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October 8, 2008 / Danny Robinson

Is this Financial Armageddon? Warren Buffet, show us the way!

I’ve been watching and reading CNBC, Bloomberg, New York Times, Paul Kedrosky and everything else I can get my eyes on.  And I think I’ve figured it out!!  NOBODY knows what’s going to happen with the economy.  It’s a very unsettling time.  I actually feel like I’m staying up to date with developments of the bailout, the elections and the extreme depth of the problems the world faces as a result, but they’re not providing me with any conclusions.

I do, however, have two fundamental beliefs:

  1. The economy will recover at some point (1-5 years)
  2. Investors make the most money when they buy low and sell high.

So am I making is this just too simple?  Is the “Buy low and sell high” doctrine just too obvious to really work?  With the dow closing at 9447 today, I think we can all agree, that we’re in a buyers market.  Take Warren Buffet and JP Morgan for example.  A New York Times article, Like J.P. Morgan, Warren E. Buffett Braves a Crisis, calls Warren a “Profitable Patriot”.  The biggest fortunes in the world’s history have been made in times like these. But investors are also human, and fear does often override this basic common sense logic.  The smartest investors are the ones who can put their fears aside, and invest long in companies now, when valuations are low.  By the time these companies are ready for a liquidation event, the markets will have returned.  I still find it very puzzling how some long term investors (like Angels and VCs investing in private startups) make investment decisions based on short term indicators.  Ron Conway is one of the more respected Angel investors, and I take the message that he’s sending out to entrepreneurs as a pragmatic warning of my very point.

“I would tell (entrepreneurs) to keep their day job until they got one year of funding, and if they couldn’t get that, then they’re not meant to start that company right now…. My advice to (start ups that don’t have a year’s worth of money in the bank) would be to raise money by reducing your own spending. If you can’t raise more money, you have to cut costs. And that’s what I’m harping on to my companies.”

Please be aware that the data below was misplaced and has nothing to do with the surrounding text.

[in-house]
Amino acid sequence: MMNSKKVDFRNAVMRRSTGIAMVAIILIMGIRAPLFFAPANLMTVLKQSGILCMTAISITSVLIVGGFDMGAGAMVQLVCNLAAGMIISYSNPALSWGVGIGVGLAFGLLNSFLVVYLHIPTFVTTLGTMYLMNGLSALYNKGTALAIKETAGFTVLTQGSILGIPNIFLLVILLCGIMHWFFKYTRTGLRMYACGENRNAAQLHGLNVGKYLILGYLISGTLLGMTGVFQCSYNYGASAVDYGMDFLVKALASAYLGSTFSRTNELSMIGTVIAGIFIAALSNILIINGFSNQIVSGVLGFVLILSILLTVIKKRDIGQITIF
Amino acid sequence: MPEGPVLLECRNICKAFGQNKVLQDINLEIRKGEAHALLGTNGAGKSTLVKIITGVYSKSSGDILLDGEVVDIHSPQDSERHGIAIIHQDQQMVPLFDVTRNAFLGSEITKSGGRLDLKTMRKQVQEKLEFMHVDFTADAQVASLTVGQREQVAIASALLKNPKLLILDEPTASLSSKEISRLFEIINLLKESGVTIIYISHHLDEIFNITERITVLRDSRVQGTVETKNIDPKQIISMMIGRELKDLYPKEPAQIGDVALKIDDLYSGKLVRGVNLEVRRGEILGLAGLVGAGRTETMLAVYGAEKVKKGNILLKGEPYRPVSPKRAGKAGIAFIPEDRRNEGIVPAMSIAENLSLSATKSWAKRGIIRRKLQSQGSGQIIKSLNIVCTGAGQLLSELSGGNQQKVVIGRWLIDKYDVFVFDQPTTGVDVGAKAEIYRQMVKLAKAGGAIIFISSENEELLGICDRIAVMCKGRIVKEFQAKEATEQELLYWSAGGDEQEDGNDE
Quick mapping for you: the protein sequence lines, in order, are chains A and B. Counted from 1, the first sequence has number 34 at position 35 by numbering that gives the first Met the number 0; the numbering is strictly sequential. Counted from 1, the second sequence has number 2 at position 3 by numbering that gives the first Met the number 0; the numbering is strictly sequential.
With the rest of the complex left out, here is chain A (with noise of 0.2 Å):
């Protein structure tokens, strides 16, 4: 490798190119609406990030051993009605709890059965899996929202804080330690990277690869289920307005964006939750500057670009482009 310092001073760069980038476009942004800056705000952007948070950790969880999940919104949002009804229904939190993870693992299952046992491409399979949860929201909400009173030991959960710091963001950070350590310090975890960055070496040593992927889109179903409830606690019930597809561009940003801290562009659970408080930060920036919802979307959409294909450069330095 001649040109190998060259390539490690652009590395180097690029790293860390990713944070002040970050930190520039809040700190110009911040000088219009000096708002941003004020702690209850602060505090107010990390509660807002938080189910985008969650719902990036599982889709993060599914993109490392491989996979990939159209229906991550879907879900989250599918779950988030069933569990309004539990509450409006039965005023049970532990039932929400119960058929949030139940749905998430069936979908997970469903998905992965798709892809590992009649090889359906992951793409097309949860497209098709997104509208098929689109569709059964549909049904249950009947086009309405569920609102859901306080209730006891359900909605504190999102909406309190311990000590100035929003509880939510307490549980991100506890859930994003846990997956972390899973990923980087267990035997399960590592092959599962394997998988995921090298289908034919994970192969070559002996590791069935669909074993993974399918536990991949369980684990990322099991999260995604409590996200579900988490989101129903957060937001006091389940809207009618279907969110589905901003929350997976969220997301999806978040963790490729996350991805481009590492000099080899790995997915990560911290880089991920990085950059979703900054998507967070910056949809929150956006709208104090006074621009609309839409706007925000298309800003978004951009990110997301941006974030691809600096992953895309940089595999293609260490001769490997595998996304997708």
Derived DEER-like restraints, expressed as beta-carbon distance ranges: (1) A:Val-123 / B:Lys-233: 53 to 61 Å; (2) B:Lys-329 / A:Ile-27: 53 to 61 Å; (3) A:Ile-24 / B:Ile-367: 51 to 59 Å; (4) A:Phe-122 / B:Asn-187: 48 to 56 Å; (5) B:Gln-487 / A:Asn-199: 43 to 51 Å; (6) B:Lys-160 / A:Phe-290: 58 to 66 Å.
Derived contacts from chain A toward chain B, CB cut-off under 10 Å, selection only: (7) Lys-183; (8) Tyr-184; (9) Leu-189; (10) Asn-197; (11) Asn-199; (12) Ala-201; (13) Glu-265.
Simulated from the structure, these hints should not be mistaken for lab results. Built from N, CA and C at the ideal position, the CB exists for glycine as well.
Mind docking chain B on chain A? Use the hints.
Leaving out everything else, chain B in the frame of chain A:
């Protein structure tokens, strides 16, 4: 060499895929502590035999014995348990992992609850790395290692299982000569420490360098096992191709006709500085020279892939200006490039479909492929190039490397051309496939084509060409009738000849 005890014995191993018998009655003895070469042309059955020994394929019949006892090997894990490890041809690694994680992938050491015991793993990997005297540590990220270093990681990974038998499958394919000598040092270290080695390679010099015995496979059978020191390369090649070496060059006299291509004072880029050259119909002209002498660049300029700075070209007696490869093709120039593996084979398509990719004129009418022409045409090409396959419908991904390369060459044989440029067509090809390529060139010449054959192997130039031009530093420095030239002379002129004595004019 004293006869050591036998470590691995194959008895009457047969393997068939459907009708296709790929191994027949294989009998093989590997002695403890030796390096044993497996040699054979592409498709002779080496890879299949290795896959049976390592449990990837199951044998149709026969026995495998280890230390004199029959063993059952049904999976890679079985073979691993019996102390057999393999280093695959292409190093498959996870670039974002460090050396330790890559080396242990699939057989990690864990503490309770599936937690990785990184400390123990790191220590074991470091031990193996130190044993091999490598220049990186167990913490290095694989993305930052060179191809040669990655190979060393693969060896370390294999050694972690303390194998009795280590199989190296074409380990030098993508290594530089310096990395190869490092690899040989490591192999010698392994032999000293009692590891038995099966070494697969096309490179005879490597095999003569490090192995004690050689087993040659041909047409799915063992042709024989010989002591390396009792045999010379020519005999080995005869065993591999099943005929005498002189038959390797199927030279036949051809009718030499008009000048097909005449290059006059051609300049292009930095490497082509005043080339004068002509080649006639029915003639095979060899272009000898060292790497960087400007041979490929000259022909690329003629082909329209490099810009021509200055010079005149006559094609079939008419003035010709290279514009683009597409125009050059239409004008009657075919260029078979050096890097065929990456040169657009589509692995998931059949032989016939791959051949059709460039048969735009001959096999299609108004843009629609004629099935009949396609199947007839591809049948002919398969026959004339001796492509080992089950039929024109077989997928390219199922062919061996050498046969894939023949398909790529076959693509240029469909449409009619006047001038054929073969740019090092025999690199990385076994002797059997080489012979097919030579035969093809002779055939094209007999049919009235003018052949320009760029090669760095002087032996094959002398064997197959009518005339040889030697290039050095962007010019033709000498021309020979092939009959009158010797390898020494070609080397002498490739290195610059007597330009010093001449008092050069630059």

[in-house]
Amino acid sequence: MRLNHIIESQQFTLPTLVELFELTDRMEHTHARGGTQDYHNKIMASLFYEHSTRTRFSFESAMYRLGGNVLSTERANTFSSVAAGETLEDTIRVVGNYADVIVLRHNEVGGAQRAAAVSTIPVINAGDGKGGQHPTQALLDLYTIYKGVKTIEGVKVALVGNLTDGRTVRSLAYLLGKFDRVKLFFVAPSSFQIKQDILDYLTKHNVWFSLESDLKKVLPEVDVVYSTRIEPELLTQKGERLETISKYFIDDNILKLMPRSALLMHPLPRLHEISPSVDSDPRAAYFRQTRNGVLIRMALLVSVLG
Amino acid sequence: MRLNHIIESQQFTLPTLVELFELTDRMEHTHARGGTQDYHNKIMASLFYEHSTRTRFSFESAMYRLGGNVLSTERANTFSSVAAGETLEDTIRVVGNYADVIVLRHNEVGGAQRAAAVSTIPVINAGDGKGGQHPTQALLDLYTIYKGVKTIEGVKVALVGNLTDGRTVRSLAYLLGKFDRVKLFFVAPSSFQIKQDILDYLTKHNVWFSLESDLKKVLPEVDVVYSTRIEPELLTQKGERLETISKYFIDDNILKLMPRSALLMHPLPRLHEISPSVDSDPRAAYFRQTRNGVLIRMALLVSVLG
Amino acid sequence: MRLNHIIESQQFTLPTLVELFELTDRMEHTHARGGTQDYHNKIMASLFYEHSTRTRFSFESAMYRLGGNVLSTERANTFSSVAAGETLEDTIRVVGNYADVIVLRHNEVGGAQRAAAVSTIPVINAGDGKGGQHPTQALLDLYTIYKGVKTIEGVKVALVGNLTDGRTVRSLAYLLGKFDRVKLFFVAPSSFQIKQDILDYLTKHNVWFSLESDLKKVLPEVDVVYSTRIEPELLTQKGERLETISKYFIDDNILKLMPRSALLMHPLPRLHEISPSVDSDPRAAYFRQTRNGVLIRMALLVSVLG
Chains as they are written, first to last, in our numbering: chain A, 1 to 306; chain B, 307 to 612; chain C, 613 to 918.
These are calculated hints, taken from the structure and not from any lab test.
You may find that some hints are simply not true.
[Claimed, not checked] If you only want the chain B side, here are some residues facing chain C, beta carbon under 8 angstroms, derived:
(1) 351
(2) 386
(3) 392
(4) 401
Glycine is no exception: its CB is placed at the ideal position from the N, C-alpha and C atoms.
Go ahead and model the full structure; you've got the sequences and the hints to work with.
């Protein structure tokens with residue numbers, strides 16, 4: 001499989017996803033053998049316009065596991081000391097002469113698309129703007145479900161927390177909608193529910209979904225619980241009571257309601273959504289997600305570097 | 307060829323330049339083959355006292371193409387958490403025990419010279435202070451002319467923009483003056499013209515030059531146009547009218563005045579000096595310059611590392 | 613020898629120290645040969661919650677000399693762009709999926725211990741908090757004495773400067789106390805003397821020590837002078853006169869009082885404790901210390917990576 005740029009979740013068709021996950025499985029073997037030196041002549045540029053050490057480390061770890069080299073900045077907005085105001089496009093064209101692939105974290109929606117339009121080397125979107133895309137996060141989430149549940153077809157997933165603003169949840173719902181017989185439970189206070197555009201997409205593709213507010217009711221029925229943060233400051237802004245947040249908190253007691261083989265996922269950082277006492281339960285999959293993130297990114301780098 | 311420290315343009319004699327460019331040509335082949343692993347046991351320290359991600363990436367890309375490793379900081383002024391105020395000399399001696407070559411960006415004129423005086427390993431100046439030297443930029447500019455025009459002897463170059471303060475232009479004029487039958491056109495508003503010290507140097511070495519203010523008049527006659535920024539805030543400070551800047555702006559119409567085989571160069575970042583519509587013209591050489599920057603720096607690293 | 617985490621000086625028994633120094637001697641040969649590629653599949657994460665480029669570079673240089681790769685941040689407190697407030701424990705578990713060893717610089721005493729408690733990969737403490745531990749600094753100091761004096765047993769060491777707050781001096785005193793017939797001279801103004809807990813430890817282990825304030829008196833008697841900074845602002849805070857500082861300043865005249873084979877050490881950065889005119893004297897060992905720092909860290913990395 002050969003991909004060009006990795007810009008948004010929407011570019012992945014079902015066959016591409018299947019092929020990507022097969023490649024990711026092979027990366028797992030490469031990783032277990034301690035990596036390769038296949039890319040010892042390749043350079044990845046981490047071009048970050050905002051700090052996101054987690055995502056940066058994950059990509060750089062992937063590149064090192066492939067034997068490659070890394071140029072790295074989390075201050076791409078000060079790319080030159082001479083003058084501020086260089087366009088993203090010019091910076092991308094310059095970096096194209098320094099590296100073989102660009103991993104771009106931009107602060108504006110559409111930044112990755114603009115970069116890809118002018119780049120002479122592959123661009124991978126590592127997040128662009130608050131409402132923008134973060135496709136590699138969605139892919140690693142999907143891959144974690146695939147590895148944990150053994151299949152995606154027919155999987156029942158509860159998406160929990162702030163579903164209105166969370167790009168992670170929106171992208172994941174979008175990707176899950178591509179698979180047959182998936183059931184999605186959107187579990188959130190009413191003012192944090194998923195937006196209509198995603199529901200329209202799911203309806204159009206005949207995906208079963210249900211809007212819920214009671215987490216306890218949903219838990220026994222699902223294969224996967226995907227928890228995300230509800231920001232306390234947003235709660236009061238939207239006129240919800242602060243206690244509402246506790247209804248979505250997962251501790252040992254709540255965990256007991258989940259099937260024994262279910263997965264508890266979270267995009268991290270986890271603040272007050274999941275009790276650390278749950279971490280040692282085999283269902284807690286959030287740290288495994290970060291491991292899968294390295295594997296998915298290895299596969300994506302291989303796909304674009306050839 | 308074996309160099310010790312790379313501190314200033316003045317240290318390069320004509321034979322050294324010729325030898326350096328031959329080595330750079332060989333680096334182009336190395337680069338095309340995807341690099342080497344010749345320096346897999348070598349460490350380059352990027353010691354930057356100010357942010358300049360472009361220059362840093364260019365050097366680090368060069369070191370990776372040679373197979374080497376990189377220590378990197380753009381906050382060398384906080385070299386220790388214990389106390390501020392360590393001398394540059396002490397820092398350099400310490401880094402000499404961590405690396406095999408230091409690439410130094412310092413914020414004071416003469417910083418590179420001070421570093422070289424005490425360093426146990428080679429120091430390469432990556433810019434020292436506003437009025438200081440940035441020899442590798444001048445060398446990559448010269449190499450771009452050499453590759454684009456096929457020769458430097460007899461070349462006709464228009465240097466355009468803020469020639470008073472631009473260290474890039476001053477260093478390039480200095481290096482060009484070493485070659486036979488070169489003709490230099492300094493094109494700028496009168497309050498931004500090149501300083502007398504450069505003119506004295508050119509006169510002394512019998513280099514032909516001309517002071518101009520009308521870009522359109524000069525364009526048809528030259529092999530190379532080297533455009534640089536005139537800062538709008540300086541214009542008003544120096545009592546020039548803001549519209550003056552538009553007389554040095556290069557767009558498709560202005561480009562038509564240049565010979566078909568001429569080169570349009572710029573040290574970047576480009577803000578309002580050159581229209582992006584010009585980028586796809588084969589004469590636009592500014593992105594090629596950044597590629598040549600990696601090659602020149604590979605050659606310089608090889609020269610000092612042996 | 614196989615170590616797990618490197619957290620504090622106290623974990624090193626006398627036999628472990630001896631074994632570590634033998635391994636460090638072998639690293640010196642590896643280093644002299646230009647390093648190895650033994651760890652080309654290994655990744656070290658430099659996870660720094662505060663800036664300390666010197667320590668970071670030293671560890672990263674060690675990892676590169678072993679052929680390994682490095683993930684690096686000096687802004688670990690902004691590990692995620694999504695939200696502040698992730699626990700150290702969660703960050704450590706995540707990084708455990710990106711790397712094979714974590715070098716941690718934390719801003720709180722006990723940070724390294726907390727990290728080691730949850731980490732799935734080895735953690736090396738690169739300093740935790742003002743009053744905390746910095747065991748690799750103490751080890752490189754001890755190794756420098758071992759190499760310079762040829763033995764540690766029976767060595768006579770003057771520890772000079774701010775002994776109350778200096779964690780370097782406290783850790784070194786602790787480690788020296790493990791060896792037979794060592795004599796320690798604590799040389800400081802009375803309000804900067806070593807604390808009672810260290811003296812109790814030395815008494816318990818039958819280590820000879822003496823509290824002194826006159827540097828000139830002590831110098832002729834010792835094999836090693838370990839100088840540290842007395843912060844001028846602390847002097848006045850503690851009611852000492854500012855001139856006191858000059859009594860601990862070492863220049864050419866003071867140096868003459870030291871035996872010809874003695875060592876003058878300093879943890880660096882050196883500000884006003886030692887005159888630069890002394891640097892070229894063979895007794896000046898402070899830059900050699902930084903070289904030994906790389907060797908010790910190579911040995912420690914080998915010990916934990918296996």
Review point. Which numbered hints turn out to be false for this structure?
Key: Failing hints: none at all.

Vancouver’s own Lyal Avery had some pretty insightful words to say in the comments:

“With all respect to Mr. Conway, I think it’s dangerous advice to tell people behind startups to “not quit their day job.” In my opinion, economic downturns are the perfect time to get started – the conditions are better than during a boom. Labour is cheap, distractions are minimized, and a lack of over-abundant investment means the business models produced can weather future storms. “
What do you think is going to happen?  When do you think the market will return?  Is it actually prudent for investors just wait and see?  or Are We All Doomed?!
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One Comment

  1. Daniel Gibbons / Oct 8 2008 8:01 am

    We’re definitely not doomed, but “buy low, sell high” needs to be explained a bit. For years investors have been told that “buy and hold’ will always deliver strong returns for equity investments.

    However, the much longer term trend doesn’t support buy and hold at all. From the 60s to the early 80s, investors could quite easily have turned $1,000 into $800 by making apparently conservative and safe investments in publicly-traded equities. I think we’re heading back to those times.

    Also, when Warren Buffett looks for bargains, it’s important to understand that “cheap” and “cheaper than yesterday” are not the same thing. I’ve heard lots of people saying that GOOG and even AAPL are great buys now that they are “cheap”. But the truth is there is probably further to fall, and you can almost never make money by picking even the very best companies in declining sectors.

    IMHO, the smartest investment strategy right now is to look for sectors that, despite the carnage everywhere else, are holding firm. And to use technical analysis of buying vs. selling activity and volume. And then to blend this with common sense — invest in companies that have strong cash flows that are generated by recession-proof products. That doesn’t include much that’s technology-related; instead I’d buy J&J, for example, even though at first glance it looks like it’s not a “bargain”.

    With regard to early stage investing, it’s only logical that investors shift their focus to late stage companies, since they are more likely to be able to benefit relatively quickly from a liquidity event with a good, if not stellar, return. That’s not to say that the best opportunities aren’t potentially in early stage, but rather that for many investors now is not the time to be looking at 20:1 odds of success.

    All of the best tech. companies I can think of went through their start-up phase in tough economic times, but at the same time anyone who has a high paying job in a stable sector would be crazy to leave for an idea-stage start-up. Which is why crazy people are often very successful.

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